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What to Do If Your Credit Is Pulled Without Your Consent
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You always make your loan payments on time and manage your credit responsibly. You even check your credit report for mistakes once a year to protect that great score. But what if your credit is negatively affected through no fault of your own?
Certain kinds of credit inquiries can knock down your credit score, and one that is done without your authorization can be especially worrisome. At best, you might have signed up for a service not realizing it would require a credit approval; at worst, it could be a sign of attempted identity theft. Luckily, there are steps you can take to protect yourself and mitigate any possible damage that may occur from an unauthorized inquiry.
What you need to know about unauthorized credit inquiries:
- An unauthorized hard inquiry could be a sign of attempted identity theft.
- You should contact the lender and the credit bureau, and consider freezing your credit.
- Submit a complaint to the Consumer Financial Protection Bureau (CFPB).
- Always monitor your credit report to catch mistakes early.
The type of credit inquiry that matters most
There are two different types of inquiries, with differing effects on a consumer’s credit score: hard inquiries and soft inquiries.
If someone authorizes a hard inquiry of your credit report, then your credit score will drop anywhere from 5 to 10 points for a year for each hard inquiry. A soft inquiry won’t impact your credit score at all. We’ll go into how these two inquiries differ.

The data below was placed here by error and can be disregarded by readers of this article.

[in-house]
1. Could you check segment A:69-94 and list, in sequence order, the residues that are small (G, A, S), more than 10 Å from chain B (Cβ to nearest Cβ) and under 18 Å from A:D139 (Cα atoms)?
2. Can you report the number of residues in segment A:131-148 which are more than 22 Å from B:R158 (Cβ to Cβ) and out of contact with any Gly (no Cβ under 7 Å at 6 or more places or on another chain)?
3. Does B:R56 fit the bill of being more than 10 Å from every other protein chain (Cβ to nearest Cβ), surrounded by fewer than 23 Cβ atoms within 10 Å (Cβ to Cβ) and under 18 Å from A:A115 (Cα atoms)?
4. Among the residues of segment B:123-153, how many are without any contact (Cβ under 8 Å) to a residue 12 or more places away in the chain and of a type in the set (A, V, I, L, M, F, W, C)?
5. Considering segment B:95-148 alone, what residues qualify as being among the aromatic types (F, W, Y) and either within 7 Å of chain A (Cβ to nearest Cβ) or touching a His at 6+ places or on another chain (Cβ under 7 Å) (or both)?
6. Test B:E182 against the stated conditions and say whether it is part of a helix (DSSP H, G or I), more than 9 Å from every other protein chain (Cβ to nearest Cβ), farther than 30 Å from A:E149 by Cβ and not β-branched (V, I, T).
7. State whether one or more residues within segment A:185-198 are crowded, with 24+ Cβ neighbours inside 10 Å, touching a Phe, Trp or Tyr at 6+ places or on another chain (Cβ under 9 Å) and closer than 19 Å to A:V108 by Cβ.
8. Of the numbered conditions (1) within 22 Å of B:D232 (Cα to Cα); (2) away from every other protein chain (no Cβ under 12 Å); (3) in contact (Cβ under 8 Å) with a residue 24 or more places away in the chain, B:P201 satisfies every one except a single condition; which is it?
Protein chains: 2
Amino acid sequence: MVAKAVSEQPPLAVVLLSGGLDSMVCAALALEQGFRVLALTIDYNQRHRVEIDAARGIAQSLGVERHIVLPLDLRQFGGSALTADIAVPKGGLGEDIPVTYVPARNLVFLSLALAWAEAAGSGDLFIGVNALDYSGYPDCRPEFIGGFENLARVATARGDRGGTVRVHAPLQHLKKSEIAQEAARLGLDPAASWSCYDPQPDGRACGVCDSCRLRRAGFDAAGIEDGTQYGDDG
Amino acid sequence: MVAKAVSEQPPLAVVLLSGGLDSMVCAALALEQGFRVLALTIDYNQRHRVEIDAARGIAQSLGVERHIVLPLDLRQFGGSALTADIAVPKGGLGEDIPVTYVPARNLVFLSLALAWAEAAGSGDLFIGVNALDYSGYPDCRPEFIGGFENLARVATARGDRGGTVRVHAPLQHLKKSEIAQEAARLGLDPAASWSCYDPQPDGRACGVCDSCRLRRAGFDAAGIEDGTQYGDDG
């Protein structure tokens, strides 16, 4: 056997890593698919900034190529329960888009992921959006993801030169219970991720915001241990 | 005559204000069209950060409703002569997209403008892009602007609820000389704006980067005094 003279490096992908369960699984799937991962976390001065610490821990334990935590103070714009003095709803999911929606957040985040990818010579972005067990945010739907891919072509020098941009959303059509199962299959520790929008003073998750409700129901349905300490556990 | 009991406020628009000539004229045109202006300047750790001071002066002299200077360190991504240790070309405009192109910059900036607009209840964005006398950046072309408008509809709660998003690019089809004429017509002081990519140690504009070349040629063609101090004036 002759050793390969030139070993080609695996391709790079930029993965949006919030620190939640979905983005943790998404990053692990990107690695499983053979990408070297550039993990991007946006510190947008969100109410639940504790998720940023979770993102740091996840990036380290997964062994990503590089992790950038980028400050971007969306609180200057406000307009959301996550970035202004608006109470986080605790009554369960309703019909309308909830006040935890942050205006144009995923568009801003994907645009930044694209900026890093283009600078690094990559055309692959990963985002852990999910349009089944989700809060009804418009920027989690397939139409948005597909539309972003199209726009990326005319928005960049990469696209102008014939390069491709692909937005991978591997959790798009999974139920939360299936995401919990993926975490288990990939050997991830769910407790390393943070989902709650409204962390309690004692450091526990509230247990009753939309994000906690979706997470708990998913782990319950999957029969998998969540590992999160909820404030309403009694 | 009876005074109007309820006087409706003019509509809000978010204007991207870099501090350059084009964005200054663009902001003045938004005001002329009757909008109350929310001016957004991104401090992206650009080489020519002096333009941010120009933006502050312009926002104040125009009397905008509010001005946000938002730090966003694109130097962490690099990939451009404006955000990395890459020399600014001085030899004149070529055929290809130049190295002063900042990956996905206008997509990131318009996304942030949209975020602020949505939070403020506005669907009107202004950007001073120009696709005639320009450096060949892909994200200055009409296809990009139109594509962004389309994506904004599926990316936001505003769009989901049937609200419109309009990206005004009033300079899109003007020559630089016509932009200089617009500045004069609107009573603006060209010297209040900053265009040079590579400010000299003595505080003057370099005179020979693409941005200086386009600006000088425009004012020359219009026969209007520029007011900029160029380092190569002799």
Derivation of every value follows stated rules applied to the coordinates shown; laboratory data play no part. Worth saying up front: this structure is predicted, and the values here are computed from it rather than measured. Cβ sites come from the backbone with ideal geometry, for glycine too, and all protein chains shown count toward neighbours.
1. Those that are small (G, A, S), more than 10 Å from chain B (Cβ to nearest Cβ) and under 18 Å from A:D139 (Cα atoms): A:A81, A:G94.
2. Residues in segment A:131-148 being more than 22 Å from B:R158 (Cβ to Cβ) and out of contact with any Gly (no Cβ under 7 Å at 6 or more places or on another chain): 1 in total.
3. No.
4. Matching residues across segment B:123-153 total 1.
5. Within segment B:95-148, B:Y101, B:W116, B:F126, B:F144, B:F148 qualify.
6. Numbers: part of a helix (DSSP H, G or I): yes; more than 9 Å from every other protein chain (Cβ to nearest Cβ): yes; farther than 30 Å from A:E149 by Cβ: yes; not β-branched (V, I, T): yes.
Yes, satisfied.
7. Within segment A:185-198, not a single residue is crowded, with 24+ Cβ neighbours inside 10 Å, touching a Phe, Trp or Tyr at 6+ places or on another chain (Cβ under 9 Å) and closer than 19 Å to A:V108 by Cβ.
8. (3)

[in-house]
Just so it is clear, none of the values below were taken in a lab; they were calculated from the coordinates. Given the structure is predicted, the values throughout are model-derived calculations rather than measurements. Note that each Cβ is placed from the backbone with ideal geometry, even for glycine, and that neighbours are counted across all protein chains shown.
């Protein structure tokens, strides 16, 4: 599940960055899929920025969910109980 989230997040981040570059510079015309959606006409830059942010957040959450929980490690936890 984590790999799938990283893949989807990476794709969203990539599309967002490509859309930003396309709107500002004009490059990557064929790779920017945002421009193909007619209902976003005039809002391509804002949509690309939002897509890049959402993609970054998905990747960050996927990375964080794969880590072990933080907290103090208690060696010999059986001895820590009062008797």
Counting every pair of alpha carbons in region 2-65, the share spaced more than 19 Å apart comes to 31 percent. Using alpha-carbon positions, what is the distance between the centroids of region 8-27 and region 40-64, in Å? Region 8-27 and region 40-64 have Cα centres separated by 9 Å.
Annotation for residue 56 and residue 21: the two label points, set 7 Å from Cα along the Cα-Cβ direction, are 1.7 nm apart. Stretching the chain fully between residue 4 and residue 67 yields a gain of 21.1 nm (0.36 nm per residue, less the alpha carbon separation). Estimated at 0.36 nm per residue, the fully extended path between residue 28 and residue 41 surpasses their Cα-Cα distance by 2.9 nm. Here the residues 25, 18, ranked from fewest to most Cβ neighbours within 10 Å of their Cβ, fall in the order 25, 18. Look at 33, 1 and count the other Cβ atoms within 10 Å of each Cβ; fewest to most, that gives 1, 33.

When you apply for a mortgage, auto loan or new credit card, for example, the lender will generate a hard inquiry against your credit to evaluate your creditworthiness.
This type of inquiry typically occurs any time a consumer seeks out new credit. The effect varies, depending on the person’s credit profile. Applying for a new credit card may only shave a few points off the score, and credit bureaus typically treat a burst of activity related to shopping for the best rate on a car, home or student loan within a 14- or 45-day time period as one inquiry, which should minimize the blow.
However, multiple inquiries spread out over a longer period of time could do more significant damage to your scores and may impact your ability to qualify for new credit as lenders don’t like to see too many recent inquiries as that may indicate you’re in financial distress. Legally, hard inquiries cannot occur without your permission.
While soft inquiries can be made without your permission or even your knowledge, they are only visible on your report to you and do not have any effect on your scores.
A soft inquiry will happen when a lender reviews your credit report for marketing purposes, such as for preapproval or prescreening offers, reviews from existing lenders with which the individual already has an active account or requests by consumers to check their own credit report or credit scores.
How to handle unauthorized hard inquiries